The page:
This article approaches the sonic turn as a coherent set of methodological approaches across a variety of disciplines that begin with the publication of Emily Thompson’s The Soundscape of Modernity (2002) and Jonathan Sterne’s The Audible Past (2003), and provide an alternative to the Saussurean edict to ignore the semiotic qualities of material sound. These texts and those published in their wake proceed with an emphasis on the detail of sound as an isolated object of study, but also sound as a more general principle of selection beyond “music” or “speech”; a reorientation to denaturalize hearing and reconceive listening practices as historically contingent, material, and social techniques; the need for a media archaeology that links technology and technique without falling into “impact histories” or “media determinism.” While the sonic turn can be capacious, the polemical approach taken in this essay opposes an uncritical affective “vibrational ontology” and a poststructuralist understanding of sound as supplement. Instead, the essay highlights the importance of scholarship that situates Black, Latin American, and disability studies as central to research into how audile techniques bring together the material and the symbolic to hear how historical cultures have constructed ontologies by separating sound from language in order to create and sustain hierarchies of power between the human and the nonhuman, the abled and the disabled, the lettered and the listeners.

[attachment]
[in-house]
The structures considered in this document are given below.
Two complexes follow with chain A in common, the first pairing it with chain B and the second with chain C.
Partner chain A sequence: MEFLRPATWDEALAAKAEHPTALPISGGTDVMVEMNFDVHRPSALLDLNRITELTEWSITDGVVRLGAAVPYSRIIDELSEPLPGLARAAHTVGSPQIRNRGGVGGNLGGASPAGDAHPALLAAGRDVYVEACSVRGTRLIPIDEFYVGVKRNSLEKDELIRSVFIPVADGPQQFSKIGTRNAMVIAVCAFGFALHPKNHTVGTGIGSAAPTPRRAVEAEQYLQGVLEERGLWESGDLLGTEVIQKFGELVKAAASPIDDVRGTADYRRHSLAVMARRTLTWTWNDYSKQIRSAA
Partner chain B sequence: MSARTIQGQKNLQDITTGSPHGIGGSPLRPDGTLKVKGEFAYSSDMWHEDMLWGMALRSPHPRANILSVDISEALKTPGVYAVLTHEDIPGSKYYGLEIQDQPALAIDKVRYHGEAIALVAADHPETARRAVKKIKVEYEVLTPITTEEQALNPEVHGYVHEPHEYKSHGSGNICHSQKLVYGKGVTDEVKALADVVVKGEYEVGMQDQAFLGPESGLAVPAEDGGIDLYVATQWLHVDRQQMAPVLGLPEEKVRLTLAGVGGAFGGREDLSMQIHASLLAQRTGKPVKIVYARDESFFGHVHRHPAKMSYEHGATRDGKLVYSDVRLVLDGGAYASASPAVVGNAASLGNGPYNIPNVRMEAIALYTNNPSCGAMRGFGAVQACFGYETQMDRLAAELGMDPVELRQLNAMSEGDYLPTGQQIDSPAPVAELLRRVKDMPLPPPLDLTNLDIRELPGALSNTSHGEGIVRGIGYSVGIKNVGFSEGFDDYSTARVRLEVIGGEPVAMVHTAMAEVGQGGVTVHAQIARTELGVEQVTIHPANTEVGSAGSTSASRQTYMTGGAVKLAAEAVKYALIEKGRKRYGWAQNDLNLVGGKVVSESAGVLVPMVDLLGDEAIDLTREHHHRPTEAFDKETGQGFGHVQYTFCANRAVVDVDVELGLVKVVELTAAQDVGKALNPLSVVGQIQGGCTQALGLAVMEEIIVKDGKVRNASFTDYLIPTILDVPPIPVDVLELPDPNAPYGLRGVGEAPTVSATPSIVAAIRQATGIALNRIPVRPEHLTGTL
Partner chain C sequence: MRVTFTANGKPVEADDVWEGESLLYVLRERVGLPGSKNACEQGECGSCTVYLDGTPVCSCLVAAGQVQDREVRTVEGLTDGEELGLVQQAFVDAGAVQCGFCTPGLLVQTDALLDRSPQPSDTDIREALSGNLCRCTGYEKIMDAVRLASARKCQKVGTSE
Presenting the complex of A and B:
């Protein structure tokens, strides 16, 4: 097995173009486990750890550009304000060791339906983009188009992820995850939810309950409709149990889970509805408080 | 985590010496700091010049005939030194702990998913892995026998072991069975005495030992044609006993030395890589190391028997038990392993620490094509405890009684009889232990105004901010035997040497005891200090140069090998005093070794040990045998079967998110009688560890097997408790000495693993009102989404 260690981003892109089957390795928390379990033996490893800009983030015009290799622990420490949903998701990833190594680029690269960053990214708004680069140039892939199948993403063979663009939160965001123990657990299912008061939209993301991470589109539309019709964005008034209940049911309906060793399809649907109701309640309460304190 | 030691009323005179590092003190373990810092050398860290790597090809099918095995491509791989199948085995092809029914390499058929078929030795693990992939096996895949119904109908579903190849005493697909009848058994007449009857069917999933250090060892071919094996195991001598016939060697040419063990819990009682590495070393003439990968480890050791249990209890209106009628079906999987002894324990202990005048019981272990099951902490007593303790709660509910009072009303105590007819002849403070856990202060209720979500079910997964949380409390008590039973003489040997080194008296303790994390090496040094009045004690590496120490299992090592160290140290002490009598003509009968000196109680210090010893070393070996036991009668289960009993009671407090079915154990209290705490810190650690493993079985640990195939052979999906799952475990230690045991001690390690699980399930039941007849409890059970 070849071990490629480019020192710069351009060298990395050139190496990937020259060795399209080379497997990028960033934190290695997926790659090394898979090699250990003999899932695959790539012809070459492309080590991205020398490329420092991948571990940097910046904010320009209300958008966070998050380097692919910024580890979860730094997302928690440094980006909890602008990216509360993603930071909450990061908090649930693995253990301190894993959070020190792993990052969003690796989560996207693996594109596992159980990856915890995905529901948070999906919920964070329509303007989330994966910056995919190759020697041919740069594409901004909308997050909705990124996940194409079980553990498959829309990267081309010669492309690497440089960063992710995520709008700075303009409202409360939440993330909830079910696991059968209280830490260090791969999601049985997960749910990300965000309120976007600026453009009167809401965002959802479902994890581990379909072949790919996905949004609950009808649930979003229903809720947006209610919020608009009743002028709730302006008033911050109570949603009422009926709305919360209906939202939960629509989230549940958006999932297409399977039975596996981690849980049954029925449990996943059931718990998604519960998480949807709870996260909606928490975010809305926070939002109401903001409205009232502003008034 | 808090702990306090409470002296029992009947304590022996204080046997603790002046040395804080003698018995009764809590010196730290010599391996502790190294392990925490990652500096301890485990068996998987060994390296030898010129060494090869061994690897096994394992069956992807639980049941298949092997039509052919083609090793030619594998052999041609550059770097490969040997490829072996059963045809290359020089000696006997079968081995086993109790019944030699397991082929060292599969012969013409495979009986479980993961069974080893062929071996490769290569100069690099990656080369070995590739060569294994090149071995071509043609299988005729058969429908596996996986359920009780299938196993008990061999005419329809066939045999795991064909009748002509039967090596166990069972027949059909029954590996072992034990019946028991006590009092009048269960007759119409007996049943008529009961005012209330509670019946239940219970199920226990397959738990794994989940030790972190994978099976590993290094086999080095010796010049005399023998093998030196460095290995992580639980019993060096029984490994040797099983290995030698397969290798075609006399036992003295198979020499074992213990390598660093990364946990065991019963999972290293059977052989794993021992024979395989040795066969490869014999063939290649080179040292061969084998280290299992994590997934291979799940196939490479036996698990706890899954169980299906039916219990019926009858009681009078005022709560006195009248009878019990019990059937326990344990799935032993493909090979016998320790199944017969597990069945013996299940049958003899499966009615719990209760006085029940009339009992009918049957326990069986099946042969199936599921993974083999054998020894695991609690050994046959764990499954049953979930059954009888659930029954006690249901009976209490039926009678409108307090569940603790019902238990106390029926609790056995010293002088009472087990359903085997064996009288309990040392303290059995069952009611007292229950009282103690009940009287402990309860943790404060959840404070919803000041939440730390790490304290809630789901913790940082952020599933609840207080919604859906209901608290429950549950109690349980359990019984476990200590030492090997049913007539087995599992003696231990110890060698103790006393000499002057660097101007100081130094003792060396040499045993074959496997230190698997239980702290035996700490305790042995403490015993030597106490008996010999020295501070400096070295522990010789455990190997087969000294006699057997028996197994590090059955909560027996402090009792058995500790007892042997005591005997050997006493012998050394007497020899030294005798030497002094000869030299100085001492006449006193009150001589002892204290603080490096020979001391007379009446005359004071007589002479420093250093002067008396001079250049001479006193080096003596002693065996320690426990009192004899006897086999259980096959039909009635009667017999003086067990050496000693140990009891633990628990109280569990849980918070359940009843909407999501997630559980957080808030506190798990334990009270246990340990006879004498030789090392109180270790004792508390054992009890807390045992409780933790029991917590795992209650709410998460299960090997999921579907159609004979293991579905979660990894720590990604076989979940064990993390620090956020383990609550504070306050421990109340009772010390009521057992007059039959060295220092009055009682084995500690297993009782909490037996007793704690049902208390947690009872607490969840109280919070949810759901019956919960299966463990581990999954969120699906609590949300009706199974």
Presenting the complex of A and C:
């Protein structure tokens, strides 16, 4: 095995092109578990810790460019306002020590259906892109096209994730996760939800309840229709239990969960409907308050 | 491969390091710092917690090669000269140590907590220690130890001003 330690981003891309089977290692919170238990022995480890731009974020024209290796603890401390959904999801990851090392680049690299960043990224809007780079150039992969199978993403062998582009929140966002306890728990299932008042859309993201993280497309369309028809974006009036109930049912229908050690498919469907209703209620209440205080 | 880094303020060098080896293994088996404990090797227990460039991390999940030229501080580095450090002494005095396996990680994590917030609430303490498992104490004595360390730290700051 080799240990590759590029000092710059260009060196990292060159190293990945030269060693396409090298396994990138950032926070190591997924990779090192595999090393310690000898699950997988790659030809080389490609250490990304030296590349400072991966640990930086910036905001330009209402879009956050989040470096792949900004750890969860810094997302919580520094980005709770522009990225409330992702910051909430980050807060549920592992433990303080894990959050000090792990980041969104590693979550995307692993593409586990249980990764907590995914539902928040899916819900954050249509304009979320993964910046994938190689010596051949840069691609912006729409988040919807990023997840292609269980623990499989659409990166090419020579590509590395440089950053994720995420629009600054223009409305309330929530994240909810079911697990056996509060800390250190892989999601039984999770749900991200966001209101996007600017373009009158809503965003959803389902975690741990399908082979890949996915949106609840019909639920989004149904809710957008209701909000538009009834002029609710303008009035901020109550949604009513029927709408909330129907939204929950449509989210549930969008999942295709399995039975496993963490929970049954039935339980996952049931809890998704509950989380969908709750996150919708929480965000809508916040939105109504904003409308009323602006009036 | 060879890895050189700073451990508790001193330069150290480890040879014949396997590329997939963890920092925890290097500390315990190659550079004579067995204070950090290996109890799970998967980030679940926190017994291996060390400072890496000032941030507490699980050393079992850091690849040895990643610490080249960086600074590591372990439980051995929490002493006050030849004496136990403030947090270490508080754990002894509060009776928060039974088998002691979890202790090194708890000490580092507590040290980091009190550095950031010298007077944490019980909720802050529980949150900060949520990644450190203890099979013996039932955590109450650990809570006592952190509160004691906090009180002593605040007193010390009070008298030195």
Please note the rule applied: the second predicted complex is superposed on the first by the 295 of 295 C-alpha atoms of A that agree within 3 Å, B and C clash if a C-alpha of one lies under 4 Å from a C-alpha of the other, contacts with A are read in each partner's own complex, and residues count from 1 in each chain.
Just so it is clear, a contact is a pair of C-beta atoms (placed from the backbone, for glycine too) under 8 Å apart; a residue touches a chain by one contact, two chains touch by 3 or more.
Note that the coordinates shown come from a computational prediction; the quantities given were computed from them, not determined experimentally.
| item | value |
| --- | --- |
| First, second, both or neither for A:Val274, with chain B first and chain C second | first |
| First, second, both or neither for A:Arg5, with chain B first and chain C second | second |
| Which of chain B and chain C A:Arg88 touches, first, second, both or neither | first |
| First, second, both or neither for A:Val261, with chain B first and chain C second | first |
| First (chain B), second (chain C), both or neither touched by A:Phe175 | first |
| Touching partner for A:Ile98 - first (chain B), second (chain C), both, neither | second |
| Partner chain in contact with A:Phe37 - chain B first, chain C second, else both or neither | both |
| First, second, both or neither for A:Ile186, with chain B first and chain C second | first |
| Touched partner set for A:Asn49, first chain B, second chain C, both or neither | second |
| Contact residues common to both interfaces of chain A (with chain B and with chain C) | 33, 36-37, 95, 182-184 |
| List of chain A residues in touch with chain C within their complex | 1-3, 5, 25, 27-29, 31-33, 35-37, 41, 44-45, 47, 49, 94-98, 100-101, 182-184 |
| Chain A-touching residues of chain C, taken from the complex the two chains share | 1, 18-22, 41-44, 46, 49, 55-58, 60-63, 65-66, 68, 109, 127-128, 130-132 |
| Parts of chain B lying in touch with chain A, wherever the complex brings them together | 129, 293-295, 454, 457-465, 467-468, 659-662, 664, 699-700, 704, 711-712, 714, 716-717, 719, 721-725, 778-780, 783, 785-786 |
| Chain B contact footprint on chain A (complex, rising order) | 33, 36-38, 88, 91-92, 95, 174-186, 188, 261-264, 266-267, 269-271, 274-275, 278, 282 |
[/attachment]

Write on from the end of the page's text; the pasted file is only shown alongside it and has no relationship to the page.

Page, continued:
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pp. 80-109
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